Roads budget gets OK in Virginia

| 3/1/2005

The Virginia General Assembly adjourned its 2005 session Feb. 27 after approving the largest increase in spending on transportation in two decades.

After a week of heated negotiations, the Senate approved the $848 million spending plan 39-0; the House passed it 92-1. It now heads to Gov. Mark Warner.

The Commonwealth Transportation Board will determine where the money for road-building and mass transit goes, but members and state transportation officials said they would choose from a list of already agreed-upon projects.

At the top of the list are widening Interstate 95 south of the Springfield Mixing Bowl and Interstate 66 near Gainesville, The Washington Post reported. State officials said $13.5 million would guarantee that the I-95 project would begin in fall 2007 and the I-66 job in fall 2008, as planned.

Money intended for primary and secondary roads will be split among local jurisdictions.

The two-year budget includes $75 million to help localities across the state build their own road projects, part of an effort to encourage more local control of road building.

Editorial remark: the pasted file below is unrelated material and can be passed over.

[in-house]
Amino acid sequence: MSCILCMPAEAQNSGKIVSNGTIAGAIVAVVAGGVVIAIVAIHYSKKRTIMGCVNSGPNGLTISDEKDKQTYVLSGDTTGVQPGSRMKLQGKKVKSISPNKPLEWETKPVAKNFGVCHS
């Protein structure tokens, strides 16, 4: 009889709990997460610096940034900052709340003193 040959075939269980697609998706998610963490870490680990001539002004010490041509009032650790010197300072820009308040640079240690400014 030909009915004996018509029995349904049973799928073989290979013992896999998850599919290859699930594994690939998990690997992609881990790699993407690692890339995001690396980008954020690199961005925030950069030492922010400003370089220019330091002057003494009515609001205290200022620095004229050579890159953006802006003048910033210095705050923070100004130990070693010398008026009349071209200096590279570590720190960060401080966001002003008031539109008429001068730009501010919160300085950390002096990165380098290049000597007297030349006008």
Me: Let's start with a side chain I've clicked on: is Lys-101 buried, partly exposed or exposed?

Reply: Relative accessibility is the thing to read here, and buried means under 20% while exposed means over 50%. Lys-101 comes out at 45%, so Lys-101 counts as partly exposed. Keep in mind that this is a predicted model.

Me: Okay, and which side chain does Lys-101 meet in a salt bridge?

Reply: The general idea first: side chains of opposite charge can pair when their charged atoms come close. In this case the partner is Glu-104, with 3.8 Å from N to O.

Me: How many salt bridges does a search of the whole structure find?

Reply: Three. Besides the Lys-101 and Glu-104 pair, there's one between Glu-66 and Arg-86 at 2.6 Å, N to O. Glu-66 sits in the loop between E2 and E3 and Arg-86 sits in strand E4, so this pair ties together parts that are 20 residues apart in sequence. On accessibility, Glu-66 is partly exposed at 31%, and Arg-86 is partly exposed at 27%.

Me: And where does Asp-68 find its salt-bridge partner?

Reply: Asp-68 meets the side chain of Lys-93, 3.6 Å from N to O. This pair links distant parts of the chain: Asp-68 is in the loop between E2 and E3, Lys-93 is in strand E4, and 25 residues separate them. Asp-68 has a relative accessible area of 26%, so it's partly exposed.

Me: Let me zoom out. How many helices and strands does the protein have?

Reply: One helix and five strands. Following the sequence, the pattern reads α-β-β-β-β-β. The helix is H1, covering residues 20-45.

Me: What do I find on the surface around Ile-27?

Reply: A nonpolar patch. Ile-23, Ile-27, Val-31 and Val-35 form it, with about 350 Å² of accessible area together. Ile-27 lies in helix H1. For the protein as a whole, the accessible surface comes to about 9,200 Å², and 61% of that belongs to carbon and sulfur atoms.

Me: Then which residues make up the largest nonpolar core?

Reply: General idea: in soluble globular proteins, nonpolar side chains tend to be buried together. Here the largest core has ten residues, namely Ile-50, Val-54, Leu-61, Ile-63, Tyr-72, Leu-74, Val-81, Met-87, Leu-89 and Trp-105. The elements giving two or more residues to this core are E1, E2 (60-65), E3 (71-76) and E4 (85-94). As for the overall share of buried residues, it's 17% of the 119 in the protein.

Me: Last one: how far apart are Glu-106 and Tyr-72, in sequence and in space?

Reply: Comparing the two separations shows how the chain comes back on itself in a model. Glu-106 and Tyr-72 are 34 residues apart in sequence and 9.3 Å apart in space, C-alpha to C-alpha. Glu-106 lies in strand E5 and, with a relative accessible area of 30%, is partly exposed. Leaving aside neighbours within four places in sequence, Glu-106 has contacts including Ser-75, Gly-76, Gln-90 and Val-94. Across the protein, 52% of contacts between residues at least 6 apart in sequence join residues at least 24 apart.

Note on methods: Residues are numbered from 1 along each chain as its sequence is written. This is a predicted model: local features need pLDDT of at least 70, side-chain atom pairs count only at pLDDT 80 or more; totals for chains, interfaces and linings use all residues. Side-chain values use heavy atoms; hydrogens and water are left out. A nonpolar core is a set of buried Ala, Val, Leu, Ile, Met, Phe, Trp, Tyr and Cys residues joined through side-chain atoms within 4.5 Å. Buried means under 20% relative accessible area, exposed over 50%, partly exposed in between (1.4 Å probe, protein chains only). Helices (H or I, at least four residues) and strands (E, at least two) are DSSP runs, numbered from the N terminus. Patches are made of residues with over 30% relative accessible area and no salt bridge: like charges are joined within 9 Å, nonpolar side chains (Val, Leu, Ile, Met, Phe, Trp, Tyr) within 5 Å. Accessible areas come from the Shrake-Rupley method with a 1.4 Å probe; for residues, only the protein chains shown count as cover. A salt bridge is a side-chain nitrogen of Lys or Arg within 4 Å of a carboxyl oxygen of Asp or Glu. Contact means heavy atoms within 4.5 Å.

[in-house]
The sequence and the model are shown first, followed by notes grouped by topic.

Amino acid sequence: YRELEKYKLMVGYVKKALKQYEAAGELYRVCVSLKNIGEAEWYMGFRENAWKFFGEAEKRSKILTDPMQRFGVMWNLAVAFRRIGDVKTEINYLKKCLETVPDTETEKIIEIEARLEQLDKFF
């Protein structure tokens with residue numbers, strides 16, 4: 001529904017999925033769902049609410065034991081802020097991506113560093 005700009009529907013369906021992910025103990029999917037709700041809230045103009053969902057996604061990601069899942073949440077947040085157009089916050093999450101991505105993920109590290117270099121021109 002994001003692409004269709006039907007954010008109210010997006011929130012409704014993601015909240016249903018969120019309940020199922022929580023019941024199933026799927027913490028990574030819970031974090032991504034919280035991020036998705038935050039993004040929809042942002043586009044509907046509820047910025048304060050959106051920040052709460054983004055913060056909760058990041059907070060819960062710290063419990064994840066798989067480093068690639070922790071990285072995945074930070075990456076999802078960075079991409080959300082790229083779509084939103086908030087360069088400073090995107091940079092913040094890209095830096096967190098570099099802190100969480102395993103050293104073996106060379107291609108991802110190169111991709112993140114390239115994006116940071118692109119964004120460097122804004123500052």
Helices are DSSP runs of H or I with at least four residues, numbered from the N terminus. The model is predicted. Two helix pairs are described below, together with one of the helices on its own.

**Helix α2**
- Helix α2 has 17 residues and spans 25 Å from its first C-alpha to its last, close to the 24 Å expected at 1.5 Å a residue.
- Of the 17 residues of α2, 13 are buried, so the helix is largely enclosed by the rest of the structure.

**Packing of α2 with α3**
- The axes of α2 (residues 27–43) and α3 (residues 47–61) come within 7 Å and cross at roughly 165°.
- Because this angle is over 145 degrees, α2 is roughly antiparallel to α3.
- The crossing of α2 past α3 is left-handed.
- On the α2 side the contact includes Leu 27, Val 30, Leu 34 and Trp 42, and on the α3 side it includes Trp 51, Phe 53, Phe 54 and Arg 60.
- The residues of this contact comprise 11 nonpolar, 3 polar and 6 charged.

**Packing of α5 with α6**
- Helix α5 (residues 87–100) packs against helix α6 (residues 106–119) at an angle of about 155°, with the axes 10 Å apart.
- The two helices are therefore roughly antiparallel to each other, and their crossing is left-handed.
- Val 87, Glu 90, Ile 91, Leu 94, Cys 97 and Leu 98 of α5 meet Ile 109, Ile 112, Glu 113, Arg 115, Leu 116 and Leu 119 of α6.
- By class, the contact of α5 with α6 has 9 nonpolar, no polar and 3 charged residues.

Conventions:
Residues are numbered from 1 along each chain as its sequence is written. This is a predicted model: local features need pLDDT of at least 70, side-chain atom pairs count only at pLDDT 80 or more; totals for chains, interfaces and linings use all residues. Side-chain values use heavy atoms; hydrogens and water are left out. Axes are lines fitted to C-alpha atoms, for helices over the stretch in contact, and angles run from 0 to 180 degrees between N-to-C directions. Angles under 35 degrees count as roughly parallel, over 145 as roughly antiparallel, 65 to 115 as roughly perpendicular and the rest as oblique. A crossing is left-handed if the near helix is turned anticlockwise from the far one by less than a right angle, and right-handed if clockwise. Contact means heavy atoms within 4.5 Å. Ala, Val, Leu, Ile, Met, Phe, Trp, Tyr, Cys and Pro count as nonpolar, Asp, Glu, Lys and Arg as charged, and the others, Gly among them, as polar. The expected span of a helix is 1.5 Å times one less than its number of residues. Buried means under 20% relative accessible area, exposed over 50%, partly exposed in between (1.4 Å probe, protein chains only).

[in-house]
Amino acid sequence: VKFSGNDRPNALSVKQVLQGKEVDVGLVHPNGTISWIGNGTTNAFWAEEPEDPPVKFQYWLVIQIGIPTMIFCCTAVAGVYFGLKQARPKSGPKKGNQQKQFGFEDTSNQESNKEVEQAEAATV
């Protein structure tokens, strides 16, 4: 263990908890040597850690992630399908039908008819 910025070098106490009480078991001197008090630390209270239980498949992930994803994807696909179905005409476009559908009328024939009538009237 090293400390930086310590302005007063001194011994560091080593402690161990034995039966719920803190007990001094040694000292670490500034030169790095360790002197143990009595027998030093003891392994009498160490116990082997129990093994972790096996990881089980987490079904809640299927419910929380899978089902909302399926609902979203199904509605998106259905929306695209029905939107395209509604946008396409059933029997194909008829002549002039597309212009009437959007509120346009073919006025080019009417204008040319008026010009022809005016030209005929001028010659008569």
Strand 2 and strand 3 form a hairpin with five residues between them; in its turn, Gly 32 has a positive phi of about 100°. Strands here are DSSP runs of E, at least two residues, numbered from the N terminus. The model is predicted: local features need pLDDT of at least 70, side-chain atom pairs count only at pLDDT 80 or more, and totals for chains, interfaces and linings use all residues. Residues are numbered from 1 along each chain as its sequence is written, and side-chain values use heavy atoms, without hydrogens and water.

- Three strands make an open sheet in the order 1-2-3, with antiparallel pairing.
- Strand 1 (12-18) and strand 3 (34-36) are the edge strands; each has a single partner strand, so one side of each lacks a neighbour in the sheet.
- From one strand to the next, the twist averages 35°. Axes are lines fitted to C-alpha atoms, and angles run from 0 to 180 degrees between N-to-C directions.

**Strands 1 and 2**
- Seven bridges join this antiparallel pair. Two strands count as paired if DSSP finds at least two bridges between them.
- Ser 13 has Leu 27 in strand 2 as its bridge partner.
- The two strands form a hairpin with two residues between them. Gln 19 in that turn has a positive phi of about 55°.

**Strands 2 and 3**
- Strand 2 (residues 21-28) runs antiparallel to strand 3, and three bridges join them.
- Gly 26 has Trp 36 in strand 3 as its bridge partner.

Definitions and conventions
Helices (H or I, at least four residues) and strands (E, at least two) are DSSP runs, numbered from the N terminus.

Twenty-three million dollars was earmarked for rail projects while $50 million will be used to finance public-private road projects.

Lawmakers also took steps toward addressing traffic concerns on I-81, approving $110,000 in overtime pay for state troopers patrolling the interstate. But lawmakers ignored the corridor when earmarking money to renovate rest areas.

Instead, $20 million was set aside to spruce up rest areas along I-95 and I-64, anticipating heavy traffic during the Jamestown 400th anniversary celebration in 2007.

The remaining money is divided among maintenance needs, debt payments and administrative costs.